Gaming Giant Epic Pulls Out Of Fortnite China Due To Raid

Gaming Giant Epic Pulls Out Of Fortnite China Due To Raid

Gaming Giant Epic Pulls Out Of Fortnite China Due To Raid

American tech giant Epic Games has announced that it will discontinue its popular survival game Fortnite in China, months after authorities imposed a series of strict restrictions on the world’s largest gaming market as part of a radical crackdown on the tech sector.

Beijing has launched a broad regulatory crackdown on a number of industries to tighten its grip on the economy, with tech companies hit the hardest.

In September, officials said they wanted to address addiction in the crazy nation of games by announcing drastic cuts in the time children spend playing online and ordering players to use cards when registering.

These measures have dealt a severe blow to the ability of companies to make profits in the country and have caused the share prices of gambling companies to fall.

Now Epic has gone offline and claims that it will shut down the hugely popular game on November 15th.

“Fortnite China beta testing has ended and the servers will be shutting down soon,” he said in a statement. “On November 15 at 11 am we will deactivate the game servers and players will no longer be able to connect.”

Shares of Hong Kong-listed Tencent, which owns a large stake in Epic, fell on Tuesday.

The move ends a long-standing test of Epic’s version of Fortnite, which was specially developed for the Chinese market and which checks content for excessive violence.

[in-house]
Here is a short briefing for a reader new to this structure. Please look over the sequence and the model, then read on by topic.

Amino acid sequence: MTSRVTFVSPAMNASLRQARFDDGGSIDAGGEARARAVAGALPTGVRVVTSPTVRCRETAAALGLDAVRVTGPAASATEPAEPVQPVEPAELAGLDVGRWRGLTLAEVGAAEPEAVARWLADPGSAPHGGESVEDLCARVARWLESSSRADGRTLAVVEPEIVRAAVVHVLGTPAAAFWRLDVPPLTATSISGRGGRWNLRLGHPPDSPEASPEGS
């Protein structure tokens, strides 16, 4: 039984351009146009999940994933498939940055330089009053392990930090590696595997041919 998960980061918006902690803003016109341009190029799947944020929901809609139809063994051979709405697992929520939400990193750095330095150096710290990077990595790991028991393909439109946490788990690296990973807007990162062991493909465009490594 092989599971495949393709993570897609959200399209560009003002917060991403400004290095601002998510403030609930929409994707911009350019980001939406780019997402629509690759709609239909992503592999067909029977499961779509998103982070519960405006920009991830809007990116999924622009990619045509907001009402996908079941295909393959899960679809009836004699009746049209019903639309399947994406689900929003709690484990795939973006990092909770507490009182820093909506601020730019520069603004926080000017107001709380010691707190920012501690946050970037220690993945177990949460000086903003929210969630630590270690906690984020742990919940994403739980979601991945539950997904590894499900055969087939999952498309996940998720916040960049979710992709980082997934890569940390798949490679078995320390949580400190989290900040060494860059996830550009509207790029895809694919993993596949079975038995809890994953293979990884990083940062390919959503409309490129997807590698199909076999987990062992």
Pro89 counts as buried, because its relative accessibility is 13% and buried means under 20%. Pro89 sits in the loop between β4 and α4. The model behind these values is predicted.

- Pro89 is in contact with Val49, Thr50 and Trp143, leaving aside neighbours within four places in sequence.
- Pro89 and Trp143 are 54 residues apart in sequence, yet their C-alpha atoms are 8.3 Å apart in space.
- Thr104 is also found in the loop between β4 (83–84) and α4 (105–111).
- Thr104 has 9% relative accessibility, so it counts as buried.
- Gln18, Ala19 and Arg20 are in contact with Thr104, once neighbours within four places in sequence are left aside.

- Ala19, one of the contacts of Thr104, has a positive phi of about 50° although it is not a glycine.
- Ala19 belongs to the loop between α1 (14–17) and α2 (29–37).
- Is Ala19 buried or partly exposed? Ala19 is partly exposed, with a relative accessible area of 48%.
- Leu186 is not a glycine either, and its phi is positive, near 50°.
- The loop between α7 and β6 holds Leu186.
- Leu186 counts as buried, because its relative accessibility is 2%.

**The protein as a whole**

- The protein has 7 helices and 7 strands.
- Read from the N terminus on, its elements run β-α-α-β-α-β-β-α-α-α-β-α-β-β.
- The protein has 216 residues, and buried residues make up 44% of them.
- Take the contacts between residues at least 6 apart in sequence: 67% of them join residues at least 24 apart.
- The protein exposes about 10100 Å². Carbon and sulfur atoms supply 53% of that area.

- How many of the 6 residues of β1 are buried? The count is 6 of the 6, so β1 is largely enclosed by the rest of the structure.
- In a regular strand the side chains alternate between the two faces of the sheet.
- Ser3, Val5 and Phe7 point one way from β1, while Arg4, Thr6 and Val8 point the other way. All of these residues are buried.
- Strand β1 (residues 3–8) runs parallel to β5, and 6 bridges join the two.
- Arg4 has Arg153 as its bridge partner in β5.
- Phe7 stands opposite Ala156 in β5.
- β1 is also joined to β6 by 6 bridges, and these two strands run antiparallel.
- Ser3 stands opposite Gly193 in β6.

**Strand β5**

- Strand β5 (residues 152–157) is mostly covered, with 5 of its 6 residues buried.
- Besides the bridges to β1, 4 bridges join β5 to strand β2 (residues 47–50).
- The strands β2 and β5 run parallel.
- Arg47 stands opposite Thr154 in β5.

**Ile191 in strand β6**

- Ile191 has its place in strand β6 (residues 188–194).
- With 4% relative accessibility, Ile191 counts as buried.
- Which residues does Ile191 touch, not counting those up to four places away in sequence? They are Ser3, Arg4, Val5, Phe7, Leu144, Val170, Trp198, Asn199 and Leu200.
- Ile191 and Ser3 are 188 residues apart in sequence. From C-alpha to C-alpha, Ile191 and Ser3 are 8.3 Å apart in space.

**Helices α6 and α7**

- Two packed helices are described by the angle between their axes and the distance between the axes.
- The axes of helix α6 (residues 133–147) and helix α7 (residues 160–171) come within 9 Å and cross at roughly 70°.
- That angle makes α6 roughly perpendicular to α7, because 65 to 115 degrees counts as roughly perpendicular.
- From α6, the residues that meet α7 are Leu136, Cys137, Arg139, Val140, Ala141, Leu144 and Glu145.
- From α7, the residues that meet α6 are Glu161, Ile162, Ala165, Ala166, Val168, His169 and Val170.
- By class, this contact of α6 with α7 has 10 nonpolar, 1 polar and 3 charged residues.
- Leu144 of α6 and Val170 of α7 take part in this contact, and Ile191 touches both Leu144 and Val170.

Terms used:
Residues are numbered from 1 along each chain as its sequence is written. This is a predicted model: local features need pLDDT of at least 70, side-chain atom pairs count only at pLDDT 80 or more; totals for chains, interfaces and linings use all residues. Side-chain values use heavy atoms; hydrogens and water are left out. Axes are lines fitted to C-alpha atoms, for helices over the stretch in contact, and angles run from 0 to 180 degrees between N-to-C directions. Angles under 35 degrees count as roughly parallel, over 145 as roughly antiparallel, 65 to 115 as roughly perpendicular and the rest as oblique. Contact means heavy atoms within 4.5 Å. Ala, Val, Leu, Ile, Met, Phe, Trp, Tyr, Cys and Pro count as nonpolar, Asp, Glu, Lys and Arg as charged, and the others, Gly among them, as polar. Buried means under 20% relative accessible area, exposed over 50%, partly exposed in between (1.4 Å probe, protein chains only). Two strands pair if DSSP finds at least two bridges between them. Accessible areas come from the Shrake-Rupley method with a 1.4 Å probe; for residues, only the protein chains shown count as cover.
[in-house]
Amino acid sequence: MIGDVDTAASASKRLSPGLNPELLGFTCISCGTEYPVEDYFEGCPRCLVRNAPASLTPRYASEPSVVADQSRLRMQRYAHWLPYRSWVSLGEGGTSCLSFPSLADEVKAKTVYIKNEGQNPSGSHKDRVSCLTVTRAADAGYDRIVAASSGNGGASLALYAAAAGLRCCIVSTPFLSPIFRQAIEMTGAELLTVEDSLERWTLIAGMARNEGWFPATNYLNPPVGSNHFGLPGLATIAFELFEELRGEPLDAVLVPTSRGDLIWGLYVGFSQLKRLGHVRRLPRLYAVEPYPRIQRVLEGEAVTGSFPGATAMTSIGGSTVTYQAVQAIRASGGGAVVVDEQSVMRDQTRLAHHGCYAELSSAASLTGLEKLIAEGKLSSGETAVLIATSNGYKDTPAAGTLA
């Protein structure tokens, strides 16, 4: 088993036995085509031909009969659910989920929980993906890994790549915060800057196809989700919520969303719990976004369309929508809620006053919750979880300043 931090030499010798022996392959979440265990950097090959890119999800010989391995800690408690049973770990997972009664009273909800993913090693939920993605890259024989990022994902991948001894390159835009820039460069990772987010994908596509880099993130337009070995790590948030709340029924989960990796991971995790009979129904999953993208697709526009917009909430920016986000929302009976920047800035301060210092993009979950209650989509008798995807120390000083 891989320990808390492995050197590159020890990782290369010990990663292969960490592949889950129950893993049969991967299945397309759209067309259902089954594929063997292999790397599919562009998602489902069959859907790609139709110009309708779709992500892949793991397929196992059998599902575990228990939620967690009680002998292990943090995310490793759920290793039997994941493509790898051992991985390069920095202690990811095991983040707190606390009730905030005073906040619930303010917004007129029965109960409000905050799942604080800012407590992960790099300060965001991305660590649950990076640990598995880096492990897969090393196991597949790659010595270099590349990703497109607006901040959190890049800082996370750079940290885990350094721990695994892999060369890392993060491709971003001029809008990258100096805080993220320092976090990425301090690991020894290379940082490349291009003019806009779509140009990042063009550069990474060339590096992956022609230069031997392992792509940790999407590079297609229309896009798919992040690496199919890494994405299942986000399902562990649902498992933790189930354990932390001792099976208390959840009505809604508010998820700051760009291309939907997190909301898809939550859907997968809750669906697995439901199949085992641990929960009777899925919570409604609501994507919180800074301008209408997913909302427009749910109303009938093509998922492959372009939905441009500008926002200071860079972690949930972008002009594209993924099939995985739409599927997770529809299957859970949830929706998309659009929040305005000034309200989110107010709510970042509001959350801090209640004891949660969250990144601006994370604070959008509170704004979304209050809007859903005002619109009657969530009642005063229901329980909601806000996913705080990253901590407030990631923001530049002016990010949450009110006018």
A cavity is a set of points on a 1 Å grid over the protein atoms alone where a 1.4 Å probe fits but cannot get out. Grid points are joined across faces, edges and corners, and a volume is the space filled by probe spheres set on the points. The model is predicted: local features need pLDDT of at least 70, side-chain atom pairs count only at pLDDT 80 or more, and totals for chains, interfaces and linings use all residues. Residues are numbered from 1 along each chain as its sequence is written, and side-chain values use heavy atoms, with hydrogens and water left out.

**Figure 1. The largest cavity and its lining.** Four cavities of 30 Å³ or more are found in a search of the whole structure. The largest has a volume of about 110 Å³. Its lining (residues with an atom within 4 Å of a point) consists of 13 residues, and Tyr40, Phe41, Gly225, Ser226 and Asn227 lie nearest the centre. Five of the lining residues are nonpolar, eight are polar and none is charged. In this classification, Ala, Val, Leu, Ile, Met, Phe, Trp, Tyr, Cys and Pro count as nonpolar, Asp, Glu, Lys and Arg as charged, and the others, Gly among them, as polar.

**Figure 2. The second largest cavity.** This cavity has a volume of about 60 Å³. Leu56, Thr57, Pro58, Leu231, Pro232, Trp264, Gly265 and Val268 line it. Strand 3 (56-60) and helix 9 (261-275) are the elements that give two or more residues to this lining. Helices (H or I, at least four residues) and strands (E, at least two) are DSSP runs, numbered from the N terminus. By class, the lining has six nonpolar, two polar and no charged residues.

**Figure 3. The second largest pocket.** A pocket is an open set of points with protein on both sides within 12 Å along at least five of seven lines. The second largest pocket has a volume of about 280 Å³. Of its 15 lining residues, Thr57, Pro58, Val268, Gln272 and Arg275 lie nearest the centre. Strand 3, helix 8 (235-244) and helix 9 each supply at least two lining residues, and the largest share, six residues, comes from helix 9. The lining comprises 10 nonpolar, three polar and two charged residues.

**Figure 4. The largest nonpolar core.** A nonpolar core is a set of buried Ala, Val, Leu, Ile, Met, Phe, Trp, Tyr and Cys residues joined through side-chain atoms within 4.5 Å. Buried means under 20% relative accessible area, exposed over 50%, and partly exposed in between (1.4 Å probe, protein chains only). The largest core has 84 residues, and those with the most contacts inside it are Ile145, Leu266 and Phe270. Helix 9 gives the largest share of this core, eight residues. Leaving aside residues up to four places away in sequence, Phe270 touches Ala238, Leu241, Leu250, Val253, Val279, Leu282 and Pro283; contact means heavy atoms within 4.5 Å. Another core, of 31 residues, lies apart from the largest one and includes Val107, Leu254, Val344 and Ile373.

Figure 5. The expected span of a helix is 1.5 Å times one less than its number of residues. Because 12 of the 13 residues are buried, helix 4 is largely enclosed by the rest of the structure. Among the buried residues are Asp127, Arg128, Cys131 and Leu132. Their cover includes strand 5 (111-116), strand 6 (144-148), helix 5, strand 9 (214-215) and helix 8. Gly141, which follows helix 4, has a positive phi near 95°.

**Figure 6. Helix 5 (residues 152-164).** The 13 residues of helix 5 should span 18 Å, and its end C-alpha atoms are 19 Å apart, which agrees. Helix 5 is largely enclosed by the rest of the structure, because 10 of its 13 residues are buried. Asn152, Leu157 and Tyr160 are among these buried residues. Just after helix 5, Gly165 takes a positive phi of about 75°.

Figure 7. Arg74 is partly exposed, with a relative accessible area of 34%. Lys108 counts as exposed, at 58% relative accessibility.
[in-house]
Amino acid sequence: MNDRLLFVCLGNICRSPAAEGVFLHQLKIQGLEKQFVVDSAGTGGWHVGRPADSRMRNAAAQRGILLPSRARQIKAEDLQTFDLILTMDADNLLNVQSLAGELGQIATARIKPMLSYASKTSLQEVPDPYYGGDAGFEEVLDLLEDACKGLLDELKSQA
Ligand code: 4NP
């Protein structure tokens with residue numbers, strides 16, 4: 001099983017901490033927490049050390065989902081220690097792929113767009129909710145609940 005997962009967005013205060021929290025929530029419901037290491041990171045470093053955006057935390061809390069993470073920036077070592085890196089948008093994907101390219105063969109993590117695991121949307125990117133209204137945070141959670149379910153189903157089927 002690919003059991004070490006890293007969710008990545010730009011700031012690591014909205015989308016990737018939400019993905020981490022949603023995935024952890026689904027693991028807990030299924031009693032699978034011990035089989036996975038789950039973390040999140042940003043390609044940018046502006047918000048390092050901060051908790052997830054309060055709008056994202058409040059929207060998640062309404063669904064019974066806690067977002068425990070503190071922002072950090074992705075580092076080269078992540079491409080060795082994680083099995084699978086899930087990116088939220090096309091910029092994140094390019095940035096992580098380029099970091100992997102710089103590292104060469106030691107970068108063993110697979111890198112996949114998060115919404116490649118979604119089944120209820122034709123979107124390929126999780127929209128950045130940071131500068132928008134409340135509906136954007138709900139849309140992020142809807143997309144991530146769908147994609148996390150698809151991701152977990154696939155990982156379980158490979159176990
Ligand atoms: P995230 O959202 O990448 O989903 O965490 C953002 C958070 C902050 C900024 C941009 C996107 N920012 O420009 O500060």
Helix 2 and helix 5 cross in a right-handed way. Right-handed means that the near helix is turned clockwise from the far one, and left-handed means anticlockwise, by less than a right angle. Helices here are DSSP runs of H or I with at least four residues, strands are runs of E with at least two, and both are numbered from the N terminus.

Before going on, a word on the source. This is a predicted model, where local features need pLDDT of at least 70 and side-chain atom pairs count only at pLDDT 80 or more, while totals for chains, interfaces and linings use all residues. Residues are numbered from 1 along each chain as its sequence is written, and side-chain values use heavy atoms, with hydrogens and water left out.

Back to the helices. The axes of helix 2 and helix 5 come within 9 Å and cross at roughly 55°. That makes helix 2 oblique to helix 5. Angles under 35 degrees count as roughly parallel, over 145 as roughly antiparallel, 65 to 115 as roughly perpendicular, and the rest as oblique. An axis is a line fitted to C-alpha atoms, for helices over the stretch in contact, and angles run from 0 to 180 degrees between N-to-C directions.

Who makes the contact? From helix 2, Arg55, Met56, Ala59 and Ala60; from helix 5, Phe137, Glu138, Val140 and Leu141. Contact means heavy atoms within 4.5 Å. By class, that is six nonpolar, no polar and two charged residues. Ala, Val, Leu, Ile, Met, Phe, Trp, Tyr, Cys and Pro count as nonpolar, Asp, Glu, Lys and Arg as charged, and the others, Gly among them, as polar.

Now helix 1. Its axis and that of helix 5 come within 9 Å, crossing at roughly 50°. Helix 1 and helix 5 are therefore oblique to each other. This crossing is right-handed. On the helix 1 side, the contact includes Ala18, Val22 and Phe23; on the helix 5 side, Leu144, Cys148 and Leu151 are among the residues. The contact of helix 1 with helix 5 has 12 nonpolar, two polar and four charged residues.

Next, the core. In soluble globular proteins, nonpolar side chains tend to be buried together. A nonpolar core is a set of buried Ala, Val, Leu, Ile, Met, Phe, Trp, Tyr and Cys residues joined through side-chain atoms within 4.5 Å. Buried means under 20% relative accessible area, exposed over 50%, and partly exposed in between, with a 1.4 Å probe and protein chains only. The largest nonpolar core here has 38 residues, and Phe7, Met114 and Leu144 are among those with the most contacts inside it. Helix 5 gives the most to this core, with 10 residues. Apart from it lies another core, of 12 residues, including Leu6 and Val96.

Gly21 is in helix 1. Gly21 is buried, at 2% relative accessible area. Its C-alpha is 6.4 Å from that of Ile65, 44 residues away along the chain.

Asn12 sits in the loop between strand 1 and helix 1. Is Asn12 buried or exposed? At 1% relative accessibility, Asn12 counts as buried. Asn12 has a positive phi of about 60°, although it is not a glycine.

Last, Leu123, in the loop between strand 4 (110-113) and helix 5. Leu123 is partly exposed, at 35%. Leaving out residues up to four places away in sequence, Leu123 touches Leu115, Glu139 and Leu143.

The action-packed world-building shooter is one of the most popular in the world with over 350 million users, more than the population of the United States.

Epic is the second American company to source a popular product from China in recent weeks after Microsoft announced in October that it was shutting down its career-focused social network, LinkedIn.

Also Read: Apple Lost $85 Billion After New Epic Games App Store Decision

In September, hundreds of Chinese video game makers, including Tencent, pledged to better monitor their products for “politically harmful” content and impose restrictions on underage players to comply with government demands.

The 213 video game companies have pledged in a joint statement to ban “politically harmful, historically nihilistic, dirty and pornographic, gory and terrifying” content.

Also Read: E3 2021: The Day First Highlights Covers The New Ubisoft ‘Avatar’ and Nintendo Crossover Games

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